Northern Pintail European Starling
American Wigeon Northern Pintail
American Pipit American Wigeon
Swainson’s Thrush Green-Winged Teal

Mammals

Crater Lake National Park Death Valley National Park
Coyote Coyote
American Beaver Muskrat
Muskrat Big Brown Bat
Big Brown Bat Bobcat
Bobcat Little Brown Bat
Striped Skunk Deer Mouse
Little Brown Bat Raccoon
Deer Mouse Porcupine
Raccoon Silver-Haired Bat
Black Bear Hoary Bat
Porcupine House Mouse
Silver-Haired Bat Mountain Lion
Hoary Bat Mule Deer
Red Fox Gray Fox
Long-Tailed Weasel Long-Legged Myotis
House Mouse Long-Eared Myotis
Mountain Lion Badger
Mink Californian Myotis
Mule Deer Or Black-Tailed Deer Fringed Myotis
Gray Fox Common Shrew
Wolf Mexican Free-Tailed Bat
Long-Legged Myotis Townsend’s Big-Eared Bat
Long-Eared Myotis Bushy-Tailed Woodrat
American Badger Western Harvest Mouse
Ermine Western Small-Footed Myotis

Fish

Crater Lake National Park Death Valley National Park
Rainbow Trout Largemouth Bass
Brook Trout Mosquitofish
Brown Trout Goldfish
Lake Trout
Silver Salmon
Kokanee Salmon
Cutthroat Trout

Reptiles

Crater Lake National Park Death Valley National Park
Western Terestrial Garter Snake Gopher Snake
Racer Terrestrial Gartersnake
Sagebrush Lizard Ring-Necked Snake
Common Garter Snake Common Sagebrush Lizard
Rubber Boa Common Side-Blotched Lizard
Western Skink Rubber Boa
Western Fence Lizard Long-Nosed Leopard Lizard
Smith������S Black-Headed Snake
Tree Lizard
Eastern Fence Lizard
Glossy Snake
Long-Nosed Snake
Western Fence Lizard

Amphibians

Crater Lake National Park Death Valley National Park
Bullfrog Woodhouse’s Toad
Canyon Treefrog

Insects

Crater Lake National Park Death Valley National Park
Orange Sulphur Orange Sulphur
Painted Lady Painted Lady
Red Admiral Monarch Butterfly
Honey Bee American Lady
Purplish Copper Red Admiral
Anise Swallowtail Mourning Cloak
Cabbage White
Silvery Blue
Common Checkered-Skipper
Clouded Sulphur
Honey Bee
Variegated Fritillary
Buckeye
Purplish Copper
Gray Hairstreak

Beautiful Landscapes in Crater Lake National Park and Death Valley National Park

Crater Lake National Park is famous for its stunning blue lake, which is the deepest lake in the United States. The lake is surrounded by towering cliffs, including Wizard Island, a cinder cone volcano. The park also features a 33-mile rim drive with numerous overlooks offering sweeping views of the lake and surrounding mountains.

Death Valley National Park is renowned for its vast, otherworldly landscapes and extreme temperatures. Visitors can explore badlands, salt flats, sand dunes, and canyons, including Zabriskie Point, a breathtaking overlook with views of the colorful badlands below. The park also features the Racetrack Playa, a dry lake bed with mysterious moving rocks and towering mountain ranges like the Panamint Range.

Things To-Do and Activities in Crater Lake National Park and Death Valley National Park

Crater Lake National Park, located in Oregon, is known for its stunning blue waters of Crater Lake, which is the deepest lake in the United States and the main attraction of the park. Visitors enjoy scenic drives, boat tours, fishing, and exploring the surrounding forests and meadows. In contrast, Death Valley National Park, located in California and Nevada, is famous for its barren, yet unique and beautiful desert landscapes, including sand dunes, badlands, and salt flats. Activities popular among visitors include scenic drives, camping, stargazing, and off-roading. Both parks offer a variety of ranger-led programs, including talks and walks, as well as opportunities for wildlife viewing.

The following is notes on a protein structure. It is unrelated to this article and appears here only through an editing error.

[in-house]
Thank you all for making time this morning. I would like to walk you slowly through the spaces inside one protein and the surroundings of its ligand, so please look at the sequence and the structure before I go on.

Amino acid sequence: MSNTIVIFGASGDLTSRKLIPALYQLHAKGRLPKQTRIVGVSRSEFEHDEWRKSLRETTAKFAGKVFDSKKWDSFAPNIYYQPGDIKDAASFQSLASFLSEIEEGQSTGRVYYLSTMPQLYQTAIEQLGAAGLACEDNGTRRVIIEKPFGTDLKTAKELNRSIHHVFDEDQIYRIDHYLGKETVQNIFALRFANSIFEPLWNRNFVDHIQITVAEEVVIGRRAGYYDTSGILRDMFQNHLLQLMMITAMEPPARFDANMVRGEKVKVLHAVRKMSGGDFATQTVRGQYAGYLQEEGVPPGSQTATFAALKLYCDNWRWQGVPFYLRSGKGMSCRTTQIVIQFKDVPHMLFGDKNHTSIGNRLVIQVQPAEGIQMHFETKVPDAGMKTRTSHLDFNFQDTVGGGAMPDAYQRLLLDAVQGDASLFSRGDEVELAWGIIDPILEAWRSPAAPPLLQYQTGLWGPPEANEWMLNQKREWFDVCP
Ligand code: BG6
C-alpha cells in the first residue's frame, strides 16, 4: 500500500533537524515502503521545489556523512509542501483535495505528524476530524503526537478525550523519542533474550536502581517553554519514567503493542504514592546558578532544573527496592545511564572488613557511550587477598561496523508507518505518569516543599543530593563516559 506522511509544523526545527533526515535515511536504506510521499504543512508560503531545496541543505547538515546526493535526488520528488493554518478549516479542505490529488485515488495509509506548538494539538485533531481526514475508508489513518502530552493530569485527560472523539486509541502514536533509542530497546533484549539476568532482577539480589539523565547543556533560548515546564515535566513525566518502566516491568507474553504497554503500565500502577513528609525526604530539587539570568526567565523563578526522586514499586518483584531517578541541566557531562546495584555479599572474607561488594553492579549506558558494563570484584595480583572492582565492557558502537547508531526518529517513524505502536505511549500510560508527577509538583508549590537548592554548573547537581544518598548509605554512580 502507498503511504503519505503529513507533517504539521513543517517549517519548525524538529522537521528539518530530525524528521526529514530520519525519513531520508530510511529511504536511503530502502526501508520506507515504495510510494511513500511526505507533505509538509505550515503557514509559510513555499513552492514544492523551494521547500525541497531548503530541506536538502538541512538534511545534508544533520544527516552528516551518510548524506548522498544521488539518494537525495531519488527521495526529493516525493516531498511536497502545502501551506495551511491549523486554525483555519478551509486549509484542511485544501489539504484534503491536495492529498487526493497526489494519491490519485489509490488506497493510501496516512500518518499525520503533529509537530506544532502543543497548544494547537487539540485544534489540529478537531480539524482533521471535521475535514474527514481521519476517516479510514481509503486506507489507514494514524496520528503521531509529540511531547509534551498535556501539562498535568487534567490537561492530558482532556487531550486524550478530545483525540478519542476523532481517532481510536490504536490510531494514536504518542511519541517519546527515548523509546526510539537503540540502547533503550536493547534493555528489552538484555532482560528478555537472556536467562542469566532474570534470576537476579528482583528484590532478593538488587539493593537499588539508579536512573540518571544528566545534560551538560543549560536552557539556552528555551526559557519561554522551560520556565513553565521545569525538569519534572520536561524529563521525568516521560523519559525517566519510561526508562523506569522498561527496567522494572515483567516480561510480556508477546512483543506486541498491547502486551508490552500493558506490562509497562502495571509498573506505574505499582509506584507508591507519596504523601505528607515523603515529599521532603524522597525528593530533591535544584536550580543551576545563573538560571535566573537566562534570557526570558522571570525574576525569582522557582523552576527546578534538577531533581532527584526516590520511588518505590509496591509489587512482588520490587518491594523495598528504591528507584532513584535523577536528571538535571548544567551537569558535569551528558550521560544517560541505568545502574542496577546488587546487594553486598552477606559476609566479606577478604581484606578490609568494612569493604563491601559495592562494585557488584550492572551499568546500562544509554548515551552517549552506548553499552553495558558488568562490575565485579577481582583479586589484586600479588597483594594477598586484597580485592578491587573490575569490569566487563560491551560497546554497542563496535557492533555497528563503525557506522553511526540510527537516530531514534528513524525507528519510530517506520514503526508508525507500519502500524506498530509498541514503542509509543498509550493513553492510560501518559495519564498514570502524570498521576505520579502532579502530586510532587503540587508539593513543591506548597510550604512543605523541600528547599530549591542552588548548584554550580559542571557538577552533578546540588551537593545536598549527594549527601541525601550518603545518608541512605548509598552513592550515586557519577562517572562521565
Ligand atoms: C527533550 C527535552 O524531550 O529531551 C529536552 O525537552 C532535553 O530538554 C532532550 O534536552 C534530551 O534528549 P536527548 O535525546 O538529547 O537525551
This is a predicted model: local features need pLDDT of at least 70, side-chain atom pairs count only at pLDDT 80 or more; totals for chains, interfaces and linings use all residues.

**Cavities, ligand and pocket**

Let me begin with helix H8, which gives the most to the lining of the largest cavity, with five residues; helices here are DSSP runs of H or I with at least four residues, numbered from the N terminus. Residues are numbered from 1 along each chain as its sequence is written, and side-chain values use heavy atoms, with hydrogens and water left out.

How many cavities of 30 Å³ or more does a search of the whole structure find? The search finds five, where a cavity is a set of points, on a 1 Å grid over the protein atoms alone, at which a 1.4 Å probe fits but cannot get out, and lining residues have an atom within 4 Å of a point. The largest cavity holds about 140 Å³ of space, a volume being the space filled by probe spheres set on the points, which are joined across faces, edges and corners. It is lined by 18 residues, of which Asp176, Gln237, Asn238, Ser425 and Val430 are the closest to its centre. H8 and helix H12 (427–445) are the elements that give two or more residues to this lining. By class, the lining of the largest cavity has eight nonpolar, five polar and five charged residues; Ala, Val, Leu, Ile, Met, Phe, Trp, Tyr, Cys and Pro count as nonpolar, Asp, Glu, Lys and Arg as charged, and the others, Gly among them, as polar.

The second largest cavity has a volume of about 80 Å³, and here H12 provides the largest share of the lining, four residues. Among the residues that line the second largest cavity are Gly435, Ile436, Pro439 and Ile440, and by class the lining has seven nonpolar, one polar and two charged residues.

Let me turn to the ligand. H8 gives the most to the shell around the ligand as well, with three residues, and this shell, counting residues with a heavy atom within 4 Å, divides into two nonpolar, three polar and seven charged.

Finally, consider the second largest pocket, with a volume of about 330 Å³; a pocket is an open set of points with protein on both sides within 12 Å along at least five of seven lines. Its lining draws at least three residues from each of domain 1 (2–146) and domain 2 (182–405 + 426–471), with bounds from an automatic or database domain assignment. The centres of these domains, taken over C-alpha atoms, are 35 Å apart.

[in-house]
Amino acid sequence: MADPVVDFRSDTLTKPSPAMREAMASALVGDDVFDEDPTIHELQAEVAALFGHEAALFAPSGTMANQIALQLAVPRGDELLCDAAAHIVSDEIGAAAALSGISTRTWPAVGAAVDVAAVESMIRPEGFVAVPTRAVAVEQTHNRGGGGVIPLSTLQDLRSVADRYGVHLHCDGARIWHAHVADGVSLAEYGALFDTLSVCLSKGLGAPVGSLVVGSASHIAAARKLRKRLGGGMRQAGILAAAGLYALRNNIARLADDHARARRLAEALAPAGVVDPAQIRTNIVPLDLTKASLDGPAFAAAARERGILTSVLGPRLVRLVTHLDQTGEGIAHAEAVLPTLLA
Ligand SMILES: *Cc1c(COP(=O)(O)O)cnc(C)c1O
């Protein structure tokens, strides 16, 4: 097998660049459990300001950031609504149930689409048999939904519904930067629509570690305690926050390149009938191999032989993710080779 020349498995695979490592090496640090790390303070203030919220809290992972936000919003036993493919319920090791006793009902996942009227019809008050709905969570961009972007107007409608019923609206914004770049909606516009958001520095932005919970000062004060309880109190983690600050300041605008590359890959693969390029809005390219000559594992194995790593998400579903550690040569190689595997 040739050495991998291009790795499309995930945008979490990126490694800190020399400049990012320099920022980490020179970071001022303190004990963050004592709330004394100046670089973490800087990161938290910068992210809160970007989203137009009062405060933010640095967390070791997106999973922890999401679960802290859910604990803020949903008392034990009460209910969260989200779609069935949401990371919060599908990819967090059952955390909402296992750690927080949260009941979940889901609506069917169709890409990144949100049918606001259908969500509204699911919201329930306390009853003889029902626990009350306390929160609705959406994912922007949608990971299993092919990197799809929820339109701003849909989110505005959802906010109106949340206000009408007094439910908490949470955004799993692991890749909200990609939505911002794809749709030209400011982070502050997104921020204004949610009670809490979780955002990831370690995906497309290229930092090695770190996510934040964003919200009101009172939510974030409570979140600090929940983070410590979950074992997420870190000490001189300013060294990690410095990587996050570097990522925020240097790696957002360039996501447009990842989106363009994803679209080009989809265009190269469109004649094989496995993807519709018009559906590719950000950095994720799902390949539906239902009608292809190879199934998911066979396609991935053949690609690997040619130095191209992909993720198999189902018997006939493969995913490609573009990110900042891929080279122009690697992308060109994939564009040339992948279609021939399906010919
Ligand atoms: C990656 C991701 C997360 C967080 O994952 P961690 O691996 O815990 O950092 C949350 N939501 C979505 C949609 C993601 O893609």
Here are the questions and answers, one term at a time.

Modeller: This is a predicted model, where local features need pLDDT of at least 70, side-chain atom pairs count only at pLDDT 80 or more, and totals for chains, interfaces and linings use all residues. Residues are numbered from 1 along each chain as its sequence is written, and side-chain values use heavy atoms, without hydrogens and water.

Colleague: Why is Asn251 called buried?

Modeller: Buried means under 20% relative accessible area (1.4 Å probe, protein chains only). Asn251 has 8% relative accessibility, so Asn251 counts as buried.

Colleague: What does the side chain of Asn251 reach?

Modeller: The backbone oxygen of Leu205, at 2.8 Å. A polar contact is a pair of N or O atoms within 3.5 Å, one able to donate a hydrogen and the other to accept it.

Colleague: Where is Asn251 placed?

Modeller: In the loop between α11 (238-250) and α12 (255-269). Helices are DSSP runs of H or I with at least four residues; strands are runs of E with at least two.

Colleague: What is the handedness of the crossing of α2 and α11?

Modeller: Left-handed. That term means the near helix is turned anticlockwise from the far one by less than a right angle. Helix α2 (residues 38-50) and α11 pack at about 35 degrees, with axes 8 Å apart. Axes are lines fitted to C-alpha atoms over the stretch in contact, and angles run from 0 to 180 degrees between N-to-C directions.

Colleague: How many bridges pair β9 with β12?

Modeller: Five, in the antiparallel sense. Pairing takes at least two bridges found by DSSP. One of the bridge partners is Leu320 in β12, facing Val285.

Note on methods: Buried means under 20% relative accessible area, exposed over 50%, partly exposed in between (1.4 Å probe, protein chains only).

Best Time to Visit Crater Lake National Park and Death Valley National Park

Crater Lake National Park in Oregon is known for its cold and snowy winters, with average temperatures ranging from 20-40°F (-6 to 4°C) and up to 44 feet (13.4 meters) of snowfall. Summer temperatures average from 50-70°F (10 to 21°C) with occasional thunderstorms. It’s best to visit in July and August for the warmest weather and least snow. On the other hand, Death Valley National Park in California is known for its scorching hot summers, with temperatures often reaching over 120°F (49°C). Winter temperatures average in the 60-70°F (15 to 21°C) range with occasional rain. The best time to visit is from November to April, when temperatures are mild and there is less risk of flash floods. Both parks offer unique and diverse weather experiences, making them a must-visit for nature enthusiasts.

Family Friendliness of Crater Lake National Park and Death Valley National Park

Crater Lake National Park is more family-friendly than Death Valley National Park. Crater Lake features scenic hiking trails, boat tours, and a variety of ranger-led programs for children, offering opportunities for outdoor recreation and educational experiences. Death Valley, on the other hand, is a very hot and remote park with limited shade and water, making it difficult for families with young children. While Death Valley does offer scenic drives and unique geological formations, it may not be the best choice for families with young children. If traveling with children, Crater Lake National Park is the better choice for a family-friendly vacation.